Consumer brands can advertise to prospects on so many channels. Facebook Facebook is where consumers discover products — when they are not aware of a brand or product. Google Google is where consumers research goods by searching for a brand, a product, or a general solution. But Google’s platforms are limited to shoppers searching for those products. If consumers are not aware of your product or brand, it will be difficult to target them. Amazon Amazon is where consumers make a purchase. This puts Amazon’s advertising capabilities at the middle section of the consumer purchase journey, where shoppers are considering alternative products and then completing the purchase. Amazon offers just three ad types: Sponsored Products, Headline Search, and Product Display. Amazon is notoriously reticent to share customer data with advertisers. Which platform to choose?
Consumer brands can advertise to prospects on so many channels. There are seemingly countless options for targeting and for creative copy.
Facebook and Google have long been the dominant consumer advertising channels. Shoppers use both of these platforms to discover and research products. In fact, Facebook and Google accounted for 63.1 percent of U.S. digital ad spend in 2017, according to eMarketer.
But a third option, Amazon, is gaining ad share. Though Amazon currently receives only 3 percent of global display advertising, one equity analyst predicted Amazon would quadruple its advertising revenue by 2020.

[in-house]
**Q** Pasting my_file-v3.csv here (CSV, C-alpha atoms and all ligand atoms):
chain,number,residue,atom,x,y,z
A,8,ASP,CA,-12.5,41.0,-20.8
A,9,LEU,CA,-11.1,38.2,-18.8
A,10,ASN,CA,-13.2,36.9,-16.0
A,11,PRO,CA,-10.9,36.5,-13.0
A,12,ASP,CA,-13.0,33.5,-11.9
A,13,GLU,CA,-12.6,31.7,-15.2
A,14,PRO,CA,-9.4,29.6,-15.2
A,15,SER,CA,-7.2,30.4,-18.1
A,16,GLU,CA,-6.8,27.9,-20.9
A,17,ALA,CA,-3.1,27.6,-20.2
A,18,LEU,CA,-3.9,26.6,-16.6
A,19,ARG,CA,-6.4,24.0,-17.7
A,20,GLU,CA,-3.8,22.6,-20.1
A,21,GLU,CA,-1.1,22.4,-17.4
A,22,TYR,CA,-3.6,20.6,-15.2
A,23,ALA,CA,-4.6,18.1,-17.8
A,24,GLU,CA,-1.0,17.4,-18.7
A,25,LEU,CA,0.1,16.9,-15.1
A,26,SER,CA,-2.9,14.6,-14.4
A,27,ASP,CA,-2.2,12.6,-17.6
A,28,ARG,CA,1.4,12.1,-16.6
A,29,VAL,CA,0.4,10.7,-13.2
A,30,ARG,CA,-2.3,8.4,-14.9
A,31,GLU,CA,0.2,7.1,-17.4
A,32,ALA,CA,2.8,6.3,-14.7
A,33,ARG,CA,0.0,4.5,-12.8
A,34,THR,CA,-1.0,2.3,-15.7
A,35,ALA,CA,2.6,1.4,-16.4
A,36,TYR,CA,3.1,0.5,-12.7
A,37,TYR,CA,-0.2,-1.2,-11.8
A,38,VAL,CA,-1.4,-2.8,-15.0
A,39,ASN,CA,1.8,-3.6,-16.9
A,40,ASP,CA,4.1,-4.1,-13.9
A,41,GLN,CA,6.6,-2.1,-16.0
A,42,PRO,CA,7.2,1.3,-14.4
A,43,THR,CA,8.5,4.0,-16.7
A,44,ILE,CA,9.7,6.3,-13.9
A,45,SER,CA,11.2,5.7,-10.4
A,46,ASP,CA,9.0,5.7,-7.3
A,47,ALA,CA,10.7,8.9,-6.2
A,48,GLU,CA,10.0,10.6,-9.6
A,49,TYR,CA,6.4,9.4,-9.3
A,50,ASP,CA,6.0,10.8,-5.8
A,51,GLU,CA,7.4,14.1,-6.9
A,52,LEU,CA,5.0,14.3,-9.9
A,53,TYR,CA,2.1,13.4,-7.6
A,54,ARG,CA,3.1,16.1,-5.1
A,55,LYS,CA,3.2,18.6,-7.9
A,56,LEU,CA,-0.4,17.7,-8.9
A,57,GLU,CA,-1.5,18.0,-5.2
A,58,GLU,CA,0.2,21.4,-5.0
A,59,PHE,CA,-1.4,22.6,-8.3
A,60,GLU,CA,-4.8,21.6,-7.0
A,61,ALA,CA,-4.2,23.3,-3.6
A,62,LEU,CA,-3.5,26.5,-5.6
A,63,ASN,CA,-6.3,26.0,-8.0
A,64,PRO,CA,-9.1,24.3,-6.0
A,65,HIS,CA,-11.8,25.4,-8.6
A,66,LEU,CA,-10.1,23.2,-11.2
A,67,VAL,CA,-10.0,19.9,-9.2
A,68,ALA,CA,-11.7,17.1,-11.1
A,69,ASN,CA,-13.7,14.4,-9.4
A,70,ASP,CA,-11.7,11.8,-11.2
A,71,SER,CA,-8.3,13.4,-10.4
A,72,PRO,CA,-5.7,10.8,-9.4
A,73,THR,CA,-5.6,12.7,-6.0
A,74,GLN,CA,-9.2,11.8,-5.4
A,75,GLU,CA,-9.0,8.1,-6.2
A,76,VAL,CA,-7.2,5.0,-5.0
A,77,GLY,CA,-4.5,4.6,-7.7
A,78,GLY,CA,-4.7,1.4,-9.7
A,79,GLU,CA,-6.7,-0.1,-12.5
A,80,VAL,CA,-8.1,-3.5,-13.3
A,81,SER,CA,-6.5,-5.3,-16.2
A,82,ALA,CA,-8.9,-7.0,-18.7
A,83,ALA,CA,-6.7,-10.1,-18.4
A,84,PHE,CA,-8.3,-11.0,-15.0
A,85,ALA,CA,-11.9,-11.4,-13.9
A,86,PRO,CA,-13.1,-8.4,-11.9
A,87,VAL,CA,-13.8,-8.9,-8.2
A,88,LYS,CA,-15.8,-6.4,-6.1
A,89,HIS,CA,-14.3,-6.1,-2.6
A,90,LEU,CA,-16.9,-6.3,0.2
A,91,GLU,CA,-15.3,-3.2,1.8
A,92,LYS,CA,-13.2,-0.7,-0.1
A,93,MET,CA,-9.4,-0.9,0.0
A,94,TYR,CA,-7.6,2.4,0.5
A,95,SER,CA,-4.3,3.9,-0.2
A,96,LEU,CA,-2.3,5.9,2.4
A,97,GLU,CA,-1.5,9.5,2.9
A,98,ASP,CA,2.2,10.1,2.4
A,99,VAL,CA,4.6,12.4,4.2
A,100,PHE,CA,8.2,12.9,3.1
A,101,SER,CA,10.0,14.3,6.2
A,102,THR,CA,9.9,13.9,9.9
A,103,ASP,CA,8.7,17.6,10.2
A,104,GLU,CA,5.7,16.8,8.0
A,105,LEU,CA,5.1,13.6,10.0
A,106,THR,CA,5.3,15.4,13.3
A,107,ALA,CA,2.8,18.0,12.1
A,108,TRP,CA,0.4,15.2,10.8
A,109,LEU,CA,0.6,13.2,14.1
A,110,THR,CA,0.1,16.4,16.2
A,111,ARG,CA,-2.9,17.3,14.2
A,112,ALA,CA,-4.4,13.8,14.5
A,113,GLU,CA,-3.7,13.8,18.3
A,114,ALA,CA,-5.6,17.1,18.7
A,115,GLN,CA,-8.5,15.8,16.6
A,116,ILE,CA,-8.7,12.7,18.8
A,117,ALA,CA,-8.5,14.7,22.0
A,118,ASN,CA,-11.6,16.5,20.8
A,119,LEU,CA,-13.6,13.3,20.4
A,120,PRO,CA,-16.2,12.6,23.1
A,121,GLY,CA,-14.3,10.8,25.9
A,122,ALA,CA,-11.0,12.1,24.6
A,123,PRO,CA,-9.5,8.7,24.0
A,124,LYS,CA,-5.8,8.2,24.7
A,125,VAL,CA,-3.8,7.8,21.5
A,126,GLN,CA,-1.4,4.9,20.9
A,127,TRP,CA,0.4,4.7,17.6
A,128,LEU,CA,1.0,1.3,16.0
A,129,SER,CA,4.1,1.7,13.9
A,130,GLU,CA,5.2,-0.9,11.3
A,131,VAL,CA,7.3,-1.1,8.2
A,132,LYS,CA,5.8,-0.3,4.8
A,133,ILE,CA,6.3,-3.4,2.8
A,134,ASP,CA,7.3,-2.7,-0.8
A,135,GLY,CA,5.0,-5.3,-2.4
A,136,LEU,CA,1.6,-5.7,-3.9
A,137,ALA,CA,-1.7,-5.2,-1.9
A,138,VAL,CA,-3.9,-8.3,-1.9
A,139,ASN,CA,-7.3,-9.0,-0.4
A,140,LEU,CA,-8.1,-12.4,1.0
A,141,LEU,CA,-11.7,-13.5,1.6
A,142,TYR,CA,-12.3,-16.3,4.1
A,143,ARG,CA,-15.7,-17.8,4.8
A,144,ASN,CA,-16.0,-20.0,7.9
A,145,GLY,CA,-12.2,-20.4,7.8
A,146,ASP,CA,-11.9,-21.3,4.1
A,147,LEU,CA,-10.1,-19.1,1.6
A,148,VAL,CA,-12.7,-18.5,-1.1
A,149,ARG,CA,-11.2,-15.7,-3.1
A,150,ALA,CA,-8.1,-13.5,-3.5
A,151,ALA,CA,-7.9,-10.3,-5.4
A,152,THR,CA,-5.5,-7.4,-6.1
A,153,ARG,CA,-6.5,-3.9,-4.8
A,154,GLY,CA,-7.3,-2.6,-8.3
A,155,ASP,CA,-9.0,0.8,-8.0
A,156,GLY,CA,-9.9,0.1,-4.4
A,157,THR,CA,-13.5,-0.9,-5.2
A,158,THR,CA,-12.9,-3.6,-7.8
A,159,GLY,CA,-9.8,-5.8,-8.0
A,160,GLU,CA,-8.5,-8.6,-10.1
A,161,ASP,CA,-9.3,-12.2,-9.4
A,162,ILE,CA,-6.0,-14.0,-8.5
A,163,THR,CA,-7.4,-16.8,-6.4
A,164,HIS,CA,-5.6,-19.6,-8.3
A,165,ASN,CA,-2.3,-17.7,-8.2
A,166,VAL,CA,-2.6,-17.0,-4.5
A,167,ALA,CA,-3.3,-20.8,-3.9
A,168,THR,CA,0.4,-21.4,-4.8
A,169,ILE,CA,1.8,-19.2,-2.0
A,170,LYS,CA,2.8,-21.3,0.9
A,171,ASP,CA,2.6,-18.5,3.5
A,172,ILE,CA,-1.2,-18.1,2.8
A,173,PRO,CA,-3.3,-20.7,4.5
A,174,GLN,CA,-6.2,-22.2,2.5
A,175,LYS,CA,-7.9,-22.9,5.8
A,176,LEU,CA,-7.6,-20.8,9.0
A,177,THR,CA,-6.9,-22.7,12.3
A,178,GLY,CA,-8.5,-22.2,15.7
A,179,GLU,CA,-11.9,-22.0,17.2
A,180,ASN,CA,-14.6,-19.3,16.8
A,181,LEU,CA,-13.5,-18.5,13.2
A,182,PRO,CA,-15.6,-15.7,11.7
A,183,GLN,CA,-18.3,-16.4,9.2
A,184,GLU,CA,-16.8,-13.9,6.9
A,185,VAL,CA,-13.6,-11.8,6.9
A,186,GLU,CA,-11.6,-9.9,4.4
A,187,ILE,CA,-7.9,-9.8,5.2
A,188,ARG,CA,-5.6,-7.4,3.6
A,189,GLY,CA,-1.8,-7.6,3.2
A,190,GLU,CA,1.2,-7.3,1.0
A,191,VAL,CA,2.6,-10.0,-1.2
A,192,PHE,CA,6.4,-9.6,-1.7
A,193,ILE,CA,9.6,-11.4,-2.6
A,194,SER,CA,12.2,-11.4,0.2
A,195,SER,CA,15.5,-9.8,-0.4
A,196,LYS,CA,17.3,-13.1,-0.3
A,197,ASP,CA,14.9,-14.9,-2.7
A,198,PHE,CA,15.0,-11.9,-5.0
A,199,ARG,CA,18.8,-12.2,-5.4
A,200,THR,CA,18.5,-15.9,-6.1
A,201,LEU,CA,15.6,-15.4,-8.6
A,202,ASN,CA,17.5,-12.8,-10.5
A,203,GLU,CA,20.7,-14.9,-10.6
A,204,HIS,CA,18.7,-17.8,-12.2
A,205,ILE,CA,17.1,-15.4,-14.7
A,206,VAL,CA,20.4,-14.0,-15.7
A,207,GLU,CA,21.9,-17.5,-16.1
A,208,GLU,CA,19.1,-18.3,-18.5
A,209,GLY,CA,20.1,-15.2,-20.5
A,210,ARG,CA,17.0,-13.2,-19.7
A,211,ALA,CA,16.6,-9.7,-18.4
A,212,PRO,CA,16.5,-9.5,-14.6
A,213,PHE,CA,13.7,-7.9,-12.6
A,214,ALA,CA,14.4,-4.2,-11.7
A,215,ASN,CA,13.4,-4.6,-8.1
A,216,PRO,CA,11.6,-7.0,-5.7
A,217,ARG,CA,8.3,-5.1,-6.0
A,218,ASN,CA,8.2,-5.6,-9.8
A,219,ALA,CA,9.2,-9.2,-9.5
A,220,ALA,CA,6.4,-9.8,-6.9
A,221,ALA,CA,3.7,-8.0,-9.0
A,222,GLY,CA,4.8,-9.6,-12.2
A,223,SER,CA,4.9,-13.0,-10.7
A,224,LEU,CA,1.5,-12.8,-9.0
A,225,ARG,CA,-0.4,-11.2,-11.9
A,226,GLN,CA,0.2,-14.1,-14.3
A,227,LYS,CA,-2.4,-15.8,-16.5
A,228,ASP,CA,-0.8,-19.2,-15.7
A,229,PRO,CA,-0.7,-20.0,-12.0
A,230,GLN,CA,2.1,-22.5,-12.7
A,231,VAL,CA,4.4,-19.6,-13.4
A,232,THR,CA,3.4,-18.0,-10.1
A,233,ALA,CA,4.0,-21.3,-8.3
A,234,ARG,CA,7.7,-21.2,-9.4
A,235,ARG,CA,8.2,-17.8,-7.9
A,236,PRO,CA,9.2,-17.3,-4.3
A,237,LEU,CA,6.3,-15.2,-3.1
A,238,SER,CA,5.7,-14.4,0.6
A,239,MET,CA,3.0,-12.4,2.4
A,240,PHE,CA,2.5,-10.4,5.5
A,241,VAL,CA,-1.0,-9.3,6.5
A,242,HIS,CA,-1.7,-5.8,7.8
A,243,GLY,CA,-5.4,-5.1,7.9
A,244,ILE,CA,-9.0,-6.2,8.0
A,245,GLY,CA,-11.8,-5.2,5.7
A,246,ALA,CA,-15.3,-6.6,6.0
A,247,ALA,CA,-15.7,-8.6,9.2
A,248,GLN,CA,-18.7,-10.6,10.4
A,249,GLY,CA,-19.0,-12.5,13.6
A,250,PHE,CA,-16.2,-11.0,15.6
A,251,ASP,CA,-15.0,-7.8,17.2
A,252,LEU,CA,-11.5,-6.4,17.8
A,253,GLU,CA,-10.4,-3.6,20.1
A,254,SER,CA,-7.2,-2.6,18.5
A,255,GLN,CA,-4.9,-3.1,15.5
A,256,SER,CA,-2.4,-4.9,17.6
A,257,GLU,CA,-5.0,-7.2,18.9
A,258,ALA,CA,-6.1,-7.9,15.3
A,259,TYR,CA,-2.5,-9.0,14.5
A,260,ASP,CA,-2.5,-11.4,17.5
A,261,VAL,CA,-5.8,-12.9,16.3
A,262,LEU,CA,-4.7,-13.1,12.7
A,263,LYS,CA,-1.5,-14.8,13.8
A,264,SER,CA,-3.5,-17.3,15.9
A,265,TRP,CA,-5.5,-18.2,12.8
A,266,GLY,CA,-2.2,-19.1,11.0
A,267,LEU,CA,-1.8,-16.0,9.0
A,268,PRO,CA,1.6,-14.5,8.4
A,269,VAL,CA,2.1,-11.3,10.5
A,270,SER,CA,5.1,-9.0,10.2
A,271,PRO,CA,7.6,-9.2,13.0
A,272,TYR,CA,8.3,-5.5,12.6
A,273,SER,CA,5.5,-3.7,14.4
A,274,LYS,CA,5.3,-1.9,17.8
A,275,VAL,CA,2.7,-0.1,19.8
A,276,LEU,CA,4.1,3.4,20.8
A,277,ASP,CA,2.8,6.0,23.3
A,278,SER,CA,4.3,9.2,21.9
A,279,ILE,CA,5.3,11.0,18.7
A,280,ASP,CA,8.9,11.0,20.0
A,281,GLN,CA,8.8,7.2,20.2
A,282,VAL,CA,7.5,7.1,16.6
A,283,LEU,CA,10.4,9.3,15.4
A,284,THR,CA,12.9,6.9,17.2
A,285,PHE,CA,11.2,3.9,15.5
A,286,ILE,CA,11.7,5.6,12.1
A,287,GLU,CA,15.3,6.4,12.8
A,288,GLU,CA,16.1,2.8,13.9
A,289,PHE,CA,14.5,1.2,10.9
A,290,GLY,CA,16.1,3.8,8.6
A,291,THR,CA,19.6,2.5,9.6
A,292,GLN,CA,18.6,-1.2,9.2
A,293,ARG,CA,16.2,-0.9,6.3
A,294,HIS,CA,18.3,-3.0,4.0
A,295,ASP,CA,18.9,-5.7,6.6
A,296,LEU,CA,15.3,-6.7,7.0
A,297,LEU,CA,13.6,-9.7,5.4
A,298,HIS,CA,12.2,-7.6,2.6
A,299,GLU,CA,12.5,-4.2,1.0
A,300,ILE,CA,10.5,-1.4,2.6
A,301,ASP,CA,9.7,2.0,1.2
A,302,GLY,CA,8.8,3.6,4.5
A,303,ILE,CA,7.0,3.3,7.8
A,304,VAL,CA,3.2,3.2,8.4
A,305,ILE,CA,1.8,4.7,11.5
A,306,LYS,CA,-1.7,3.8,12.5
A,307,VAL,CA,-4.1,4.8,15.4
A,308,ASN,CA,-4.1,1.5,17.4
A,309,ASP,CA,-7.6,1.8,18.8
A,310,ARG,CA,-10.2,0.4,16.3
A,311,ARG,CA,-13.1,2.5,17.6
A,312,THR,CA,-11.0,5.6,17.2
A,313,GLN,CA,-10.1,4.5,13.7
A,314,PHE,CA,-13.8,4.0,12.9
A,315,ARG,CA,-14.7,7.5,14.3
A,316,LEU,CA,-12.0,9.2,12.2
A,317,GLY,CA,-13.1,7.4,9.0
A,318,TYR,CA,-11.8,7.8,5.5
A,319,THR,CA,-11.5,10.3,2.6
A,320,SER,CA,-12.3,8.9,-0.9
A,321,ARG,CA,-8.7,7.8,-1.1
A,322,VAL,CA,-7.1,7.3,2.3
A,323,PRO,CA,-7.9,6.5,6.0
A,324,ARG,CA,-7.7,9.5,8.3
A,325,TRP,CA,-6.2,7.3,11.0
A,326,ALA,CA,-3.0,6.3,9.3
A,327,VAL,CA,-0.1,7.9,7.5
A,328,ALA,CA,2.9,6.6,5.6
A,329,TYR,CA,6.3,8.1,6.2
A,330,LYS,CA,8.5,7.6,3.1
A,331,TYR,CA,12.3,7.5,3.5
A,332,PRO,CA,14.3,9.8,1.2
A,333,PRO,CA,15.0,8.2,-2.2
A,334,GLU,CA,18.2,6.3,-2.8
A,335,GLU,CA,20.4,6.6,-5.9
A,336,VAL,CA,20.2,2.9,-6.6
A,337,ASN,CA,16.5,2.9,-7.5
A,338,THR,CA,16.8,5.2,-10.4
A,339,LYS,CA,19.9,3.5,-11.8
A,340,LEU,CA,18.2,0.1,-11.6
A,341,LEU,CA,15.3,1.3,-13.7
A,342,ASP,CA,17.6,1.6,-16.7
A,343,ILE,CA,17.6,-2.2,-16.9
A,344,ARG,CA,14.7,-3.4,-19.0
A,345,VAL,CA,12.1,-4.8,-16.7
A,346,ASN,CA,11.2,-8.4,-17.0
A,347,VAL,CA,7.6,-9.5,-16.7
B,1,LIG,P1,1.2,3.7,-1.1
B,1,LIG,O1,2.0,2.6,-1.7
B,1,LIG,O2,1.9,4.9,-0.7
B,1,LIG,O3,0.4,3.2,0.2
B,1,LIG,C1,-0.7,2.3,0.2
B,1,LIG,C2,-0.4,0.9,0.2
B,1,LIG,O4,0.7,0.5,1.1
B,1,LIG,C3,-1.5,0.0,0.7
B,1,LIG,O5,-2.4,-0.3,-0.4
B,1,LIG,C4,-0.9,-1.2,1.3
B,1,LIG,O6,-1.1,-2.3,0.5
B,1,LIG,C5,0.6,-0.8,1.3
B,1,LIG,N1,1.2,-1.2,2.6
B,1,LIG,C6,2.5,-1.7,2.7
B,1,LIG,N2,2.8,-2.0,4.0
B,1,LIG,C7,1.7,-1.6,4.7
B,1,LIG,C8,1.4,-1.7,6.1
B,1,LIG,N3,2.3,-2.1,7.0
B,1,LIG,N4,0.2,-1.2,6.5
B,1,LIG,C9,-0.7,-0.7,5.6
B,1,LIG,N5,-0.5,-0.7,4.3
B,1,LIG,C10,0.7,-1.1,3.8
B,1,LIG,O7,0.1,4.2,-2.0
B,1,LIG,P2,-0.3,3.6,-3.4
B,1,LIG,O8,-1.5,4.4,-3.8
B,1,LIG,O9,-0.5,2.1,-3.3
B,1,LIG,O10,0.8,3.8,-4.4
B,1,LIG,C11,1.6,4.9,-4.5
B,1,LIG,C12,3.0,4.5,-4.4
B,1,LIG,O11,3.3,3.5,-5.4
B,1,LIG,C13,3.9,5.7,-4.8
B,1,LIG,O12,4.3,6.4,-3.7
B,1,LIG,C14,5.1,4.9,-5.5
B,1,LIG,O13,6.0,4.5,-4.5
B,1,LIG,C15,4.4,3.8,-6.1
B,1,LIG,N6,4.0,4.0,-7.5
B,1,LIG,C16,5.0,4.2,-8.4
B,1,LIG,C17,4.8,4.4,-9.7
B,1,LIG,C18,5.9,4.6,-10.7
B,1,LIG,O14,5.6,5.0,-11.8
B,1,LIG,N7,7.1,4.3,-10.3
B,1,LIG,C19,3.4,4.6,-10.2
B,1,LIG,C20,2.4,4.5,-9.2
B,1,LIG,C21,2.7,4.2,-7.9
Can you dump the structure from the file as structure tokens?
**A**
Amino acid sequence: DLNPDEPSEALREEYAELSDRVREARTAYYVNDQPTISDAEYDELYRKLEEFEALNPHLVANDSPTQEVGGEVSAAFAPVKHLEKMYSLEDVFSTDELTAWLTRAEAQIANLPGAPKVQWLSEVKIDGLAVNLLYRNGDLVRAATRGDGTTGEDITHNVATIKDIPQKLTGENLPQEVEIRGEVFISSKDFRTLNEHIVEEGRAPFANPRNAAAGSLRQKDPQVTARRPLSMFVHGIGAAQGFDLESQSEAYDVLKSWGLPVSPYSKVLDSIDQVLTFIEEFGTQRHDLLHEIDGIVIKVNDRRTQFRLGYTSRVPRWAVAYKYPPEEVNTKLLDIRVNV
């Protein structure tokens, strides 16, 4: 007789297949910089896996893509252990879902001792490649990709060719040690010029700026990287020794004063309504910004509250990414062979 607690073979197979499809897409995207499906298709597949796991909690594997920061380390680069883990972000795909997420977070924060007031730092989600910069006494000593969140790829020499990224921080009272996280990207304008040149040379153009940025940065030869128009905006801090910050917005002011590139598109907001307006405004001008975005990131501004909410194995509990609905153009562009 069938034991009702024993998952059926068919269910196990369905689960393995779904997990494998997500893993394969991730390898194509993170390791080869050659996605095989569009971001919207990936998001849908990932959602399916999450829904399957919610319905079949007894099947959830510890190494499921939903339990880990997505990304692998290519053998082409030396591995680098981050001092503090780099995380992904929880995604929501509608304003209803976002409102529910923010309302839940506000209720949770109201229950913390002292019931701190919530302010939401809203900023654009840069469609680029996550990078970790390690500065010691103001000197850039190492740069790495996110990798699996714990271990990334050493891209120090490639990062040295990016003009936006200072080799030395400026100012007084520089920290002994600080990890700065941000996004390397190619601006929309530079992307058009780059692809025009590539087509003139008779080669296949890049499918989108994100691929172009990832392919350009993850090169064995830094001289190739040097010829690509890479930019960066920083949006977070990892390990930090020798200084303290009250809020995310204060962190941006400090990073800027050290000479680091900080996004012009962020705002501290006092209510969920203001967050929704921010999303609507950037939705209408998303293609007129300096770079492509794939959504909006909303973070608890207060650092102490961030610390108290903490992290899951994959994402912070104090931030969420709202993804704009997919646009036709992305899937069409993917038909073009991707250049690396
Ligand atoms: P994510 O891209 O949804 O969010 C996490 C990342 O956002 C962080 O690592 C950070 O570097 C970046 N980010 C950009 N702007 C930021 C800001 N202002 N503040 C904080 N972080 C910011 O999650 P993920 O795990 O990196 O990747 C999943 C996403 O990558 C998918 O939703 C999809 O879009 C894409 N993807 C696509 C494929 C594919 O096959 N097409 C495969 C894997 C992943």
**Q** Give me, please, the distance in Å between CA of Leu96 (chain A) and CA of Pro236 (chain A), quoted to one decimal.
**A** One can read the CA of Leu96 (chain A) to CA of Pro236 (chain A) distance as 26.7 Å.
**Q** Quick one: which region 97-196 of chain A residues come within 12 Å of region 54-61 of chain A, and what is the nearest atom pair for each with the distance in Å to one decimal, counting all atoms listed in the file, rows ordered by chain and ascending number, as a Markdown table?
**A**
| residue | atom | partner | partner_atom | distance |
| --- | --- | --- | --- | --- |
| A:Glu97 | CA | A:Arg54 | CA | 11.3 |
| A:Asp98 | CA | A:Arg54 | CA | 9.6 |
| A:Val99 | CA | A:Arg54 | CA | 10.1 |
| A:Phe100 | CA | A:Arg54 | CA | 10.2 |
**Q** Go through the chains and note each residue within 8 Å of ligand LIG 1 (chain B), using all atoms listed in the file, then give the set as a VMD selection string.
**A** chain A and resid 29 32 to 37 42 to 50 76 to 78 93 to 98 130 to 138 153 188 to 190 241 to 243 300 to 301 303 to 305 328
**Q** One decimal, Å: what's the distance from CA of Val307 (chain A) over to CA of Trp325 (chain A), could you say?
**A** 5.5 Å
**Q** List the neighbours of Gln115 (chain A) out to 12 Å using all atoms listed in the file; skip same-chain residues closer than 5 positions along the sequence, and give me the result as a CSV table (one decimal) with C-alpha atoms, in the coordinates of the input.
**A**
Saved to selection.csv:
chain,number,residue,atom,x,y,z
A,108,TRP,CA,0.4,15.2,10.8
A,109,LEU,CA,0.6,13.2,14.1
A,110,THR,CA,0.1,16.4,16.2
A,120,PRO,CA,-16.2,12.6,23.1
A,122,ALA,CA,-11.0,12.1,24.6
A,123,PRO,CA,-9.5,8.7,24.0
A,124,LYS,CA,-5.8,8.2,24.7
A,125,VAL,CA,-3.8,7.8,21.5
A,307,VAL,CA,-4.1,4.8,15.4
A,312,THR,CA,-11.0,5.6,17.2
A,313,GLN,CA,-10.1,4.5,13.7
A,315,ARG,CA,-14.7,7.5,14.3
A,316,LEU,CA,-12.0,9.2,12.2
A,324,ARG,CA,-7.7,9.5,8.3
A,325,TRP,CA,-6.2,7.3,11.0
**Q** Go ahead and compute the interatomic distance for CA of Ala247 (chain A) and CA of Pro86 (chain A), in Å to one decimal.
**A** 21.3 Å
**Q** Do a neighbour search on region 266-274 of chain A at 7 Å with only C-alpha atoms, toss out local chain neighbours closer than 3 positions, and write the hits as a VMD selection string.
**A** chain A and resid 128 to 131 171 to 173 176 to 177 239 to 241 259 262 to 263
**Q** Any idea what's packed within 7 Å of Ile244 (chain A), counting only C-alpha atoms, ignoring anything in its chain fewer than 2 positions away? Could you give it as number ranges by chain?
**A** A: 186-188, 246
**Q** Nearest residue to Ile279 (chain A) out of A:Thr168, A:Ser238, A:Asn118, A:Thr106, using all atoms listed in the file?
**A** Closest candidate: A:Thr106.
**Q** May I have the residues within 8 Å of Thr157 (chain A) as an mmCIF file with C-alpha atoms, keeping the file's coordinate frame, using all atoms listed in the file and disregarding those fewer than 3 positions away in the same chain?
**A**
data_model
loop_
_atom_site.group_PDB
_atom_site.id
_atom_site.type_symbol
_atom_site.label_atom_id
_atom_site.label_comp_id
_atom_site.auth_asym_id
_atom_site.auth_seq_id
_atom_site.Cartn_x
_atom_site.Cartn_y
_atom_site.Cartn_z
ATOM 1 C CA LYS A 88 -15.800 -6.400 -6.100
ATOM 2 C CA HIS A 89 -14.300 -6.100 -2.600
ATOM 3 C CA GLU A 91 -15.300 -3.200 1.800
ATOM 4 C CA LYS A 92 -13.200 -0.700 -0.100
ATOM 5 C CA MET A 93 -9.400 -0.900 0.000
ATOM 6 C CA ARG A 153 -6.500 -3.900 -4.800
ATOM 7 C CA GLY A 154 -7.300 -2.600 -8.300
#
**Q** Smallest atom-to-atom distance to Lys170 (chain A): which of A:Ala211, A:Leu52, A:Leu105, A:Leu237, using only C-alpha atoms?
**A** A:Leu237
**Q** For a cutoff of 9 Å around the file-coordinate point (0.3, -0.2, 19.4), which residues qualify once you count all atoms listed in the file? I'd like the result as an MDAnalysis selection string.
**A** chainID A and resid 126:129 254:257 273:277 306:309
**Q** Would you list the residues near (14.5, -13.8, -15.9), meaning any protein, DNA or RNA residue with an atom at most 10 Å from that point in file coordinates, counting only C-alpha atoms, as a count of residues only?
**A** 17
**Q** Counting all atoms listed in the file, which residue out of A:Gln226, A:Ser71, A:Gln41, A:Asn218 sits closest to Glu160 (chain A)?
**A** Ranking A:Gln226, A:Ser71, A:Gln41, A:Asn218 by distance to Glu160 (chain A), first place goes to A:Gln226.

It’s not easy, in other words, for brands to know where to advertise. In this post, I’ll offer guidance.
Facebook is where consumers discover products — when they are not aware of a brand or product. Because of Facebook’s extensive reach and targeting, brands can create awareness with prospecting ads and build familiarity with retargeting ads.
However, since Facebook is an established platform, competition is hot for user attention. It can be relatively expensive to reach those prospects. And since users don’t typically purchase directly on Facebook, tracking and assigning a value to the purchase path can be troublesome.
This is especially the case if the purchase ultimately happens on Amazon, which is increasingly likely.
Google is where consumers research goods by searching for a brand, a product, or a general solution. Google is most effective in the mid-to-lower portion of the purchase cycle with its search, Shopping, and remarketing…